I was asked by some marketing type person about what my 'USP' is, and had to think for a while! Apart from the special interest in tinnitus, I would say that my unique selling point is 'I make sure people can hear at each possible frequency'. You might think that comes as standard, but believe me, it doesn't!
First you have to know what a frequency is. That's easy, different frequencies are like different individual notes in music. In sound, it's how fast the air molecules are vibrating in their wave formation, how many times per second they are moving back and forth. The faster they go, the higher the frequency. They are measured in Hertz (Hz) or kHz and the hearing test covers the key frequencies in human speech.
Your audiogram shows the quietest sound you can detect at each frequency. Red is right and blue is left. So on mine below, it shows that I can detect incredibly quiet sounds at low frequencies like 250Hz. As you go higher in frequency, I have to have sounds made louder before I can detect them. And after 2kHz there's no ability to hear at all.
All this happens slowly over time, and my hearing is what a normal 90 year old's audiogram looks like. At each stage, we can use frequency lowering to improve someone's ability to detect sound (another day for that!). We also need to ensure that the feedback managment system of a hearing aid is not reducing the volume at any given frequency too much, because the person won't be able to hear if it does.
Finding out if you can get someone to hear sound at each frequency band sometimes requires fine tuning, dome or earmould trial/error measurement, the introduction and movement of frequency lowering over time, more fine tuning/testing.
As people do not know what hearing is supposed to be like, they do not know if you have done your best work. So if the feedback management system has lopped off half of their 4kHz volume, which will have a knock on effect of just making it a bit more difficult to hear in noise, or catch what's on the TV, they may never know. They might assume it's as good as it gets. And I have seen a lot of people, in the NHS, and the companies where I work, who can get an improvement with a tweak, a new dome, a new fine tune, a new examination etc. Some are wearing hearing aids that are no longer powerful enough. Some need a new test. And some need an audiologist who has more time, and a bit of dedication to making sure they have done their best work for each customer every time.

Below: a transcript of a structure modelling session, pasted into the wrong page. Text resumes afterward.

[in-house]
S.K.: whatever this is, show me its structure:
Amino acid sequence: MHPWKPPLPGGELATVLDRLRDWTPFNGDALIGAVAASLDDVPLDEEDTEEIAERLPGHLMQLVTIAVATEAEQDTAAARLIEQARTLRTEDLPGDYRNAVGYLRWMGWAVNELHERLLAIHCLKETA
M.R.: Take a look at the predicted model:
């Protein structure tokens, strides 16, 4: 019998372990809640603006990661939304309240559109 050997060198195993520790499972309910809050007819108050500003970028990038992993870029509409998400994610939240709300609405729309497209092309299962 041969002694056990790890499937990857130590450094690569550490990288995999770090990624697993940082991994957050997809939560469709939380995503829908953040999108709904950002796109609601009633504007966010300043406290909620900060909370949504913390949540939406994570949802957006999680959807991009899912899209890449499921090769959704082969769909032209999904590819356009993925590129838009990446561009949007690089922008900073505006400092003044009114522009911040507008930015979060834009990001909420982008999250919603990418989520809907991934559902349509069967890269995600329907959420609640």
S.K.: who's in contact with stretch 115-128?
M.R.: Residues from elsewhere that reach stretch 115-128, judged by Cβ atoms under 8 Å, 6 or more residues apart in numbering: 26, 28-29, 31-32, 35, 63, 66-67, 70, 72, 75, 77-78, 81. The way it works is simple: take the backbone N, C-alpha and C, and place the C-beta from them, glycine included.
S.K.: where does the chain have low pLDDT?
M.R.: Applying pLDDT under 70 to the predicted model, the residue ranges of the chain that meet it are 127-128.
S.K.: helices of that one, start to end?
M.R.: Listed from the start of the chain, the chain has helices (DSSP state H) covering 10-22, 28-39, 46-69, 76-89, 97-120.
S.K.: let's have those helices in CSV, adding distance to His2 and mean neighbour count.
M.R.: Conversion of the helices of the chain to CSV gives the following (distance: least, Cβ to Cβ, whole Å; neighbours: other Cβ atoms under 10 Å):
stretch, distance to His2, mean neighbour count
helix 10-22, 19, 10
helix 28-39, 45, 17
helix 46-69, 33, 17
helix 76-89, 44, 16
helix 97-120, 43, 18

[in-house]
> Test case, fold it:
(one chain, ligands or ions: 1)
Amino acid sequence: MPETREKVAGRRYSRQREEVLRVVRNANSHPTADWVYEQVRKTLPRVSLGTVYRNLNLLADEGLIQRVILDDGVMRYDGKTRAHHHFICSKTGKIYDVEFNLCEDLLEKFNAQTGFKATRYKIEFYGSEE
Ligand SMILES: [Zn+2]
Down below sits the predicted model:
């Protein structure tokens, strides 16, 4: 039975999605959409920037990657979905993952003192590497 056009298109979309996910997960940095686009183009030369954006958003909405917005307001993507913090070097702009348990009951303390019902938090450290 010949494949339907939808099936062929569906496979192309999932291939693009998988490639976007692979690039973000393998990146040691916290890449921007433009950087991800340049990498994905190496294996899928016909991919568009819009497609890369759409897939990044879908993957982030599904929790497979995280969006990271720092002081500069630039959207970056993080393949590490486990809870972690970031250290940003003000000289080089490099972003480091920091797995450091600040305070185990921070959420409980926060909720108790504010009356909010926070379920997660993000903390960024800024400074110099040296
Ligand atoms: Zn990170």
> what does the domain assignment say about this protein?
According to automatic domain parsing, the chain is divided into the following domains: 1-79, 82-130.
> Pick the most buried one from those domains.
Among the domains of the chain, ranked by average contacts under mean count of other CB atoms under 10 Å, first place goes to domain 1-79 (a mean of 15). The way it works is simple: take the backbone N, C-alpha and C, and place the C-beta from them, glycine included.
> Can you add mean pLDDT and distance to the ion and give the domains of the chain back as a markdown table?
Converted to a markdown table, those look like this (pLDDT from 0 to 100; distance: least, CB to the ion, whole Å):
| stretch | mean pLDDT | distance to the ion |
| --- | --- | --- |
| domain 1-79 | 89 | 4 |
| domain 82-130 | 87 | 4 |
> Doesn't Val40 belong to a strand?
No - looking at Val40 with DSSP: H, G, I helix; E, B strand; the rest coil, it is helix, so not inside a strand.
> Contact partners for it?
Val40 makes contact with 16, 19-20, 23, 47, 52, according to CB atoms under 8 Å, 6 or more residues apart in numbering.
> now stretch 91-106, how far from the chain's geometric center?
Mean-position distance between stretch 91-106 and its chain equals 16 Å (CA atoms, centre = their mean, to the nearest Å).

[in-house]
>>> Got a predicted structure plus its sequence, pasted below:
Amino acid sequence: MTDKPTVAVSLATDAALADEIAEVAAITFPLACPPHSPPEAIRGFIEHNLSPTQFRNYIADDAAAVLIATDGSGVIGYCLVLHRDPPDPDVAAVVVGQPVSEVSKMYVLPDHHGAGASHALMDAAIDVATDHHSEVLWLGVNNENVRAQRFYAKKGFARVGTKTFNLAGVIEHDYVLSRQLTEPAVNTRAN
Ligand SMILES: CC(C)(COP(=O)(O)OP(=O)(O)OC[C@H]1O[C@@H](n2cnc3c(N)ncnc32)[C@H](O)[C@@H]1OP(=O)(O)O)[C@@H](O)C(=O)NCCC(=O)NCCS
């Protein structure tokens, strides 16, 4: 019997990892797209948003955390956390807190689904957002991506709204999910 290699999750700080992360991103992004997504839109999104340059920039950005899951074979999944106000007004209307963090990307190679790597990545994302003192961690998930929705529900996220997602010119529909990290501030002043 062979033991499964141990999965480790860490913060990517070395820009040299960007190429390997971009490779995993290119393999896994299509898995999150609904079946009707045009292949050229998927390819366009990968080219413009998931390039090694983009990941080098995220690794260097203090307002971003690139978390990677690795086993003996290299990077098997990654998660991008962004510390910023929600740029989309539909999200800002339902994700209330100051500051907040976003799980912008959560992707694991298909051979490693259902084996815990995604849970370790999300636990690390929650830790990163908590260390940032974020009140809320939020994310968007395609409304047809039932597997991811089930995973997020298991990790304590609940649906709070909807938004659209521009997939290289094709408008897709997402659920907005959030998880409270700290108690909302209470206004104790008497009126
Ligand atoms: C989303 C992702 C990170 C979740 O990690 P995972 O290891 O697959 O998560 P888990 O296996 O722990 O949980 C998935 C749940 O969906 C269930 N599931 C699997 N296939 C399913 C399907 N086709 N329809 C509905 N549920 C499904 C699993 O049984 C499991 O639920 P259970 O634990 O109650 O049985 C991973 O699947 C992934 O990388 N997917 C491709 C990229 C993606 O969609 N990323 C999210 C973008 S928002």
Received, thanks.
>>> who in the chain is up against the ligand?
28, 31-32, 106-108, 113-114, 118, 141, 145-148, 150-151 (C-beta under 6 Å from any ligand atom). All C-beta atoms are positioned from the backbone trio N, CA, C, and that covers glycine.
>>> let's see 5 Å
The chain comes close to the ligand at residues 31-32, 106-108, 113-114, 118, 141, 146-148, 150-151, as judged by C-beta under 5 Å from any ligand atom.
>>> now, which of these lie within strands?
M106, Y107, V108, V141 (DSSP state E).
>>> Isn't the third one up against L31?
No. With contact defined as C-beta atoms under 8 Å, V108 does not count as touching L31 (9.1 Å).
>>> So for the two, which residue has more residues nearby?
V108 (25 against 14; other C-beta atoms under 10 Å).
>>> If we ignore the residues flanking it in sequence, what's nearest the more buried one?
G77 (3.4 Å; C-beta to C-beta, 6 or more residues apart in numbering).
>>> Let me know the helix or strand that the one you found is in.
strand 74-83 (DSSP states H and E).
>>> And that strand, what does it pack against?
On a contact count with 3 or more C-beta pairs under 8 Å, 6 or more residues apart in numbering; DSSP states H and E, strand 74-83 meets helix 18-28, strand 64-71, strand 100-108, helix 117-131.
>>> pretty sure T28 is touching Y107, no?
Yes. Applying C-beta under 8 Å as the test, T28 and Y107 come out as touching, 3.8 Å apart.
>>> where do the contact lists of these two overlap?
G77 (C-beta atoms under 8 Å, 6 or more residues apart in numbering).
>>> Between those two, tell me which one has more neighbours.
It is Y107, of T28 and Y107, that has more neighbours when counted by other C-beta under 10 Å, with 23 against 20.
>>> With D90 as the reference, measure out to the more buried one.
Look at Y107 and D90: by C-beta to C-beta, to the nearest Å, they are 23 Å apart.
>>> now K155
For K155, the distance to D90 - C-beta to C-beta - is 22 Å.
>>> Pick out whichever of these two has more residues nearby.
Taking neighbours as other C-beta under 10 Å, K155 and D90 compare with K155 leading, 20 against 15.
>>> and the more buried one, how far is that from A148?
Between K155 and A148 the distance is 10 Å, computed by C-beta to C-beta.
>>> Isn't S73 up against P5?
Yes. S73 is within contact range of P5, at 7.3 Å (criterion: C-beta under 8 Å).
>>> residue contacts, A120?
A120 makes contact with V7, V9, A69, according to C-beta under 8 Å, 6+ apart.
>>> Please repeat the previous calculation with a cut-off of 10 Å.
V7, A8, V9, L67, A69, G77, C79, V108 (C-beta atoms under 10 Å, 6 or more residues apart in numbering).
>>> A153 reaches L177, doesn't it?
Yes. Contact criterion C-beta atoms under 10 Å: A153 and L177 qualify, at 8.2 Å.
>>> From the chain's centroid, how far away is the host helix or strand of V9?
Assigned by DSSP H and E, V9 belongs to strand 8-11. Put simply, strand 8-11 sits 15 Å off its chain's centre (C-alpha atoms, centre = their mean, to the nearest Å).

Unfortunately, private companies reward sales but not follow up care. Once you have bought hearing aids there is no benefit to spending 45 minutes trying out different things to see if you can improve someone's 4-6k region (or anything else you might think of). Certainly you would not find the NHS or a chain saying 'let's try it like this for a week and I'll come out again if you want me to put it back'.
But to me (because I was a customer for a lot longer than I have been an audiologist), and possibly for you, that improvement might mean another 2 years of hearing birdsong, the reversing parking warning in the car, or catching your new partner's unfamiliar speech on your first date and not making an ass of yourself.
I tell people what I am thinking of doing and ask them if they want to try X, Y and Z to see if we can improve or perfect things. And we also go off how a customer likes the sound, not just the graphs.
So I do take the time, and it is unique, and this company is indeed a touch more expensive because of it. But I can guarantee my customer's will hear the best they possibly can for as long as they possibly can.
I absolutely welcome difficult customers and customers who have been disappointed elsewhere. They are my favourites, the most rewarding. Do get in touch if you want to know more about whether I can help.